Along my reading journey, I’ve made a conscious decision to not only read the books on the shelves at my local Barnes and Nobles store, but to also try self-published, or indie, works as often as I can.
Now, I know several of you are snickering in the background or rolling your eyes at my idiot crusade to bring a few good indie works to light. And believe me, I understand why you’d do that. Several years into this, I have to admit that I’ve probably stopped reading more indie faire than I’ve finished. But those that did keep my attention were novels which I feel were — or had the potential to be — above average novels, and I’d like to occasionally share those few with you in the hope that other people might also discover them.
So without any Stephen King disclaimers (Read my review of The Dark Tower Book VII to get the joke), here is The Delphi Trilogy!
This is a young adult page-turner drenched in ancient Greek legends, but not the Percy Jackson variety. Nope, Mr. Everheart has crafted something entirely fresh and original here. A new concoction in the YA genre that is full of both suspense and mysterious conspiracies!
As the story begins, Zachary White is a 16 year old boy searching for something. He doesn’t know what, just that he has to uncover the why.
Why did his perfect childhood come to an end one dark night?
Why did he spend the rest of his childhood in French boarding schools under assumed names?
Why did his mother hardly ever visit him before her untimely death?
And why has he always been warned never to return to Arcanville, no matter what?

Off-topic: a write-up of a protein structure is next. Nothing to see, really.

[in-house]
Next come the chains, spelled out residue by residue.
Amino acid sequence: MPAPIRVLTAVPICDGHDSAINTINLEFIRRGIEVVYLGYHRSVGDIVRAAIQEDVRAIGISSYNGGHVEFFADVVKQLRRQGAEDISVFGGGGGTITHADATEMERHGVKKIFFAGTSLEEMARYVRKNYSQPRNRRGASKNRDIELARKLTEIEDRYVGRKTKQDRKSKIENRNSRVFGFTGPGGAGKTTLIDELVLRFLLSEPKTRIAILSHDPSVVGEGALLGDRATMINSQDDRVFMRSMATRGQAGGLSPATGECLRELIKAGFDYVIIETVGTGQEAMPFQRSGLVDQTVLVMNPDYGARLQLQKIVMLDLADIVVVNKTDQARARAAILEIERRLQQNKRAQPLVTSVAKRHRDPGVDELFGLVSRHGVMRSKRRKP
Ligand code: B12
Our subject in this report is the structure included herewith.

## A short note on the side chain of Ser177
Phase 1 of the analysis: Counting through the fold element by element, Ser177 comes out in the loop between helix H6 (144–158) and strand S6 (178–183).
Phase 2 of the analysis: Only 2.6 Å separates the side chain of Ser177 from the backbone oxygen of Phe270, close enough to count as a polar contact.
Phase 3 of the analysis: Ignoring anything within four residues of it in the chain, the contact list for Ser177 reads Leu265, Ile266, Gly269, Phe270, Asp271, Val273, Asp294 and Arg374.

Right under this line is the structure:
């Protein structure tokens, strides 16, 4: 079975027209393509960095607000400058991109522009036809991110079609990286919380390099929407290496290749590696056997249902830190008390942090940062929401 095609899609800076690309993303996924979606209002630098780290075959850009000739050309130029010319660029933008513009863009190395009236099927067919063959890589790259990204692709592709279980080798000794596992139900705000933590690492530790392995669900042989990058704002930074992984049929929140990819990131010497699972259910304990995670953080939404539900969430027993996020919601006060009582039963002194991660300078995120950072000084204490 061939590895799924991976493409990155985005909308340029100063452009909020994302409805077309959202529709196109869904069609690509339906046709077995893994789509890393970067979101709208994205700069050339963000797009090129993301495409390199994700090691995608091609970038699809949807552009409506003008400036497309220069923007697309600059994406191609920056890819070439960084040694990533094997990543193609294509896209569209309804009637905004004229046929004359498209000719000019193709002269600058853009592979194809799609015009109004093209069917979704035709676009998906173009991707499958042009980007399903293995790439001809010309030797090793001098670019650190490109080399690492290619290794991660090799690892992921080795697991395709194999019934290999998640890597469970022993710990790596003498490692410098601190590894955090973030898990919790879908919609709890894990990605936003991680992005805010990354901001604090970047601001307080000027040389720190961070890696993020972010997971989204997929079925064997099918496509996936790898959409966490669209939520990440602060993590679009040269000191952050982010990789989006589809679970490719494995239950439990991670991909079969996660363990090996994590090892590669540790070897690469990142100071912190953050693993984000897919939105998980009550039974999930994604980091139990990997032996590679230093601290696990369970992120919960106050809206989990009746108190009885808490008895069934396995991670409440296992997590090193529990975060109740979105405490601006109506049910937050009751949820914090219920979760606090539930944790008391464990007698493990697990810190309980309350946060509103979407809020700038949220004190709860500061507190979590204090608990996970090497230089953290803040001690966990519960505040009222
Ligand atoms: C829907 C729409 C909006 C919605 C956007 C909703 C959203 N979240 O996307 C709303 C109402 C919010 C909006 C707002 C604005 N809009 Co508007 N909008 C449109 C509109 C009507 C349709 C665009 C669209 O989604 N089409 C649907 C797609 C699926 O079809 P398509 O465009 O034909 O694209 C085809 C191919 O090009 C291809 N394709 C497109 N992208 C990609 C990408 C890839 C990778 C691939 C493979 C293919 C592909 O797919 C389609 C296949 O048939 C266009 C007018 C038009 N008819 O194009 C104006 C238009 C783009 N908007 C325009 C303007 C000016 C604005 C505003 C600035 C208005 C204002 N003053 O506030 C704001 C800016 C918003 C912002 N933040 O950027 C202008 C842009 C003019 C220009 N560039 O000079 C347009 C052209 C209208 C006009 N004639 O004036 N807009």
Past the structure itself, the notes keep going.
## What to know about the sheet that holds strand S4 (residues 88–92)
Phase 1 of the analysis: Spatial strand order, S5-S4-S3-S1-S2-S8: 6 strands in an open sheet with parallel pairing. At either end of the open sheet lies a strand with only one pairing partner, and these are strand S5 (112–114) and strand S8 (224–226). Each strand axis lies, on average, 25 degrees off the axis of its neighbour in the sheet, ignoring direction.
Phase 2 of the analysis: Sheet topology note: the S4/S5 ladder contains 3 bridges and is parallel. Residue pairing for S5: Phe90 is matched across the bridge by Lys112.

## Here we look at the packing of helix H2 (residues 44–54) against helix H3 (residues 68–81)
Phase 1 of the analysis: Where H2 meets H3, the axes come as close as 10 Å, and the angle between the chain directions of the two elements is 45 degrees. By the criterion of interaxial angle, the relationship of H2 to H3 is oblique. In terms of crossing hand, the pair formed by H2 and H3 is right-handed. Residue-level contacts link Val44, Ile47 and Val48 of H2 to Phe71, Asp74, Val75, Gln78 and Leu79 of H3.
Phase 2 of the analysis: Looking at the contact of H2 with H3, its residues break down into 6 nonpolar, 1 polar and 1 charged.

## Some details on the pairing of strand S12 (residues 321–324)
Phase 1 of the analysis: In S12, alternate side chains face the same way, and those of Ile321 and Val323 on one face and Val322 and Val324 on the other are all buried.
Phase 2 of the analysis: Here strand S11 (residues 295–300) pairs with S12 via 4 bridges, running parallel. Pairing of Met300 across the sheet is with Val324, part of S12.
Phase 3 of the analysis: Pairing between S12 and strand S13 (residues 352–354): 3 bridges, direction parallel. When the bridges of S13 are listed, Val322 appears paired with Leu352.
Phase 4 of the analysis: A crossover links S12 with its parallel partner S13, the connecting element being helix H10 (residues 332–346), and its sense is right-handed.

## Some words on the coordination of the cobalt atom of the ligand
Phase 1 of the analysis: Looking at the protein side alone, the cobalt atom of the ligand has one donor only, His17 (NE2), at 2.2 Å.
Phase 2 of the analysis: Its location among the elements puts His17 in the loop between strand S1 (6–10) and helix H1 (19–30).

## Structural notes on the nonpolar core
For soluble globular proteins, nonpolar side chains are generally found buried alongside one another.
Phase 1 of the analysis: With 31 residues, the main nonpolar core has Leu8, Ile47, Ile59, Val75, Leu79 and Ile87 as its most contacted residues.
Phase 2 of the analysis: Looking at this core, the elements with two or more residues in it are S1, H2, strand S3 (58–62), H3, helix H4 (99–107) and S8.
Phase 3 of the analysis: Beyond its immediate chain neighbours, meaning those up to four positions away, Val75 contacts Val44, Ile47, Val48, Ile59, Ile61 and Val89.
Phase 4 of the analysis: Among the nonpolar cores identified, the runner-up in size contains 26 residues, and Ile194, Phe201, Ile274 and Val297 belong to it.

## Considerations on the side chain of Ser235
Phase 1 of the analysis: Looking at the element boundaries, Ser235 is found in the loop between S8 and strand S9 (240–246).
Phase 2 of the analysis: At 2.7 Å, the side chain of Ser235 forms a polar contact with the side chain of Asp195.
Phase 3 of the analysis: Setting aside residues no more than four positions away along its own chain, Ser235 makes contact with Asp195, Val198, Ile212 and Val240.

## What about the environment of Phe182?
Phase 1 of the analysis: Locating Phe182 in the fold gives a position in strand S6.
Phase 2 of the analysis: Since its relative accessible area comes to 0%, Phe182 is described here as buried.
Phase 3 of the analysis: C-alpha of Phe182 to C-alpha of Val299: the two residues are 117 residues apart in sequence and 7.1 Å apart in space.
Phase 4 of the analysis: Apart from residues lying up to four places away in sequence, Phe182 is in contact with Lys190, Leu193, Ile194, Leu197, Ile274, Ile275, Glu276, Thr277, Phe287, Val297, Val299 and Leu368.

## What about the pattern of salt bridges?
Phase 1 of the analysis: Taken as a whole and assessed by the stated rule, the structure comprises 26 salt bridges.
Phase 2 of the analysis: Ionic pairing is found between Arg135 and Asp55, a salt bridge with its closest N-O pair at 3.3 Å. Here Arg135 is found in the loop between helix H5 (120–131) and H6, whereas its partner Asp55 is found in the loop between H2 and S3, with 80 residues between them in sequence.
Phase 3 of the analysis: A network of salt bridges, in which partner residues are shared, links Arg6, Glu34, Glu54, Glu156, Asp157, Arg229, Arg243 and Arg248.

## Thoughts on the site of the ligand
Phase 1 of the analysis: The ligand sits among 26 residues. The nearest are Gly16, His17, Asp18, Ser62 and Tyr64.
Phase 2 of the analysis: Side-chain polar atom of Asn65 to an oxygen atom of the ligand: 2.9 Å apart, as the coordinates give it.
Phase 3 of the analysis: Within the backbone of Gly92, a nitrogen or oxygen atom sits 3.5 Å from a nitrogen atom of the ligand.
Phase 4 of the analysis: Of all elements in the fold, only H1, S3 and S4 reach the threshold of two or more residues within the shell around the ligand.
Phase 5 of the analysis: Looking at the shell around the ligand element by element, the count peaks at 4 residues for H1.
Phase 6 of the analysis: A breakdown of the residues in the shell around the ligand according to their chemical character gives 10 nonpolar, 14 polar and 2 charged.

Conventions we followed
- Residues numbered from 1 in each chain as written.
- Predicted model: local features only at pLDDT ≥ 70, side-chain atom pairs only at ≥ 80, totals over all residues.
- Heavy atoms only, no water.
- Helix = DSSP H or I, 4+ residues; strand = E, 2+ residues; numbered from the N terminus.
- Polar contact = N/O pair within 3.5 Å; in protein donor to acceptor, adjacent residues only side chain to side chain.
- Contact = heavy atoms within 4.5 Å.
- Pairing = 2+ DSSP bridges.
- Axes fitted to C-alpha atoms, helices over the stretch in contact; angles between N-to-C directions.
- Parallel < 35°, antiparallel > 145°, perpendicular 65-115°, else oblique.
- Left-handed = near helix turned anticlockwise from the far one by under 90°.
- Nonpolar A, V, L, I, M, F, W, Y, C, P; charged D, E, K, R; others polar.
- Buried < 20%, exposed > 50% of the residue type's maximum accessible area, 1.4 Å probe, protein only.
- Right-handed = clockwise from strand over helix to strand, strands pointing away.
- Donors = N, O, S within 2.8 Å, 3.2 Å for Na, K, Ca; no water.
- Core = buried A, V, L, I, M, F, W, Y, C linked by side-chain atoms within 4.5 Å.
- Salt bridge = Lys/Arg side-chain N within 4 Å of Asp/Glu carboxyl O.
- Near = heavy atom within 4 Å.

Soon, Zach’s grief at his mother death gels into a deep resolve. A determination to uncover all the whys, to finally understand the truths hidden by a mother who abandoned him for most of his life.
Not long thereafter, the teenagers in Arcanville notice that a strange kid is working in the local coffee shop. None of them recall ever seeing this guy before. He stays to himself, never talks to very many people, but he always seems to be watching, observing those customers who are sipping their steaming cups of java as they casually talk to one another. His eyes and ears capturing every detail of their small town life, as if his very existence depended on it!
And then it happens — a teenager from a rich, influential family commits suicide. Or does he?
From this moody, suspenseful beginning, Chris Everheart takes his readers on a ride among dark mysteries, global conspiracies, ancient Greek prophecies, and (of course) teen love that will leave them wanting more. At least, it did me, and young adult isn’t usually my favorite genre.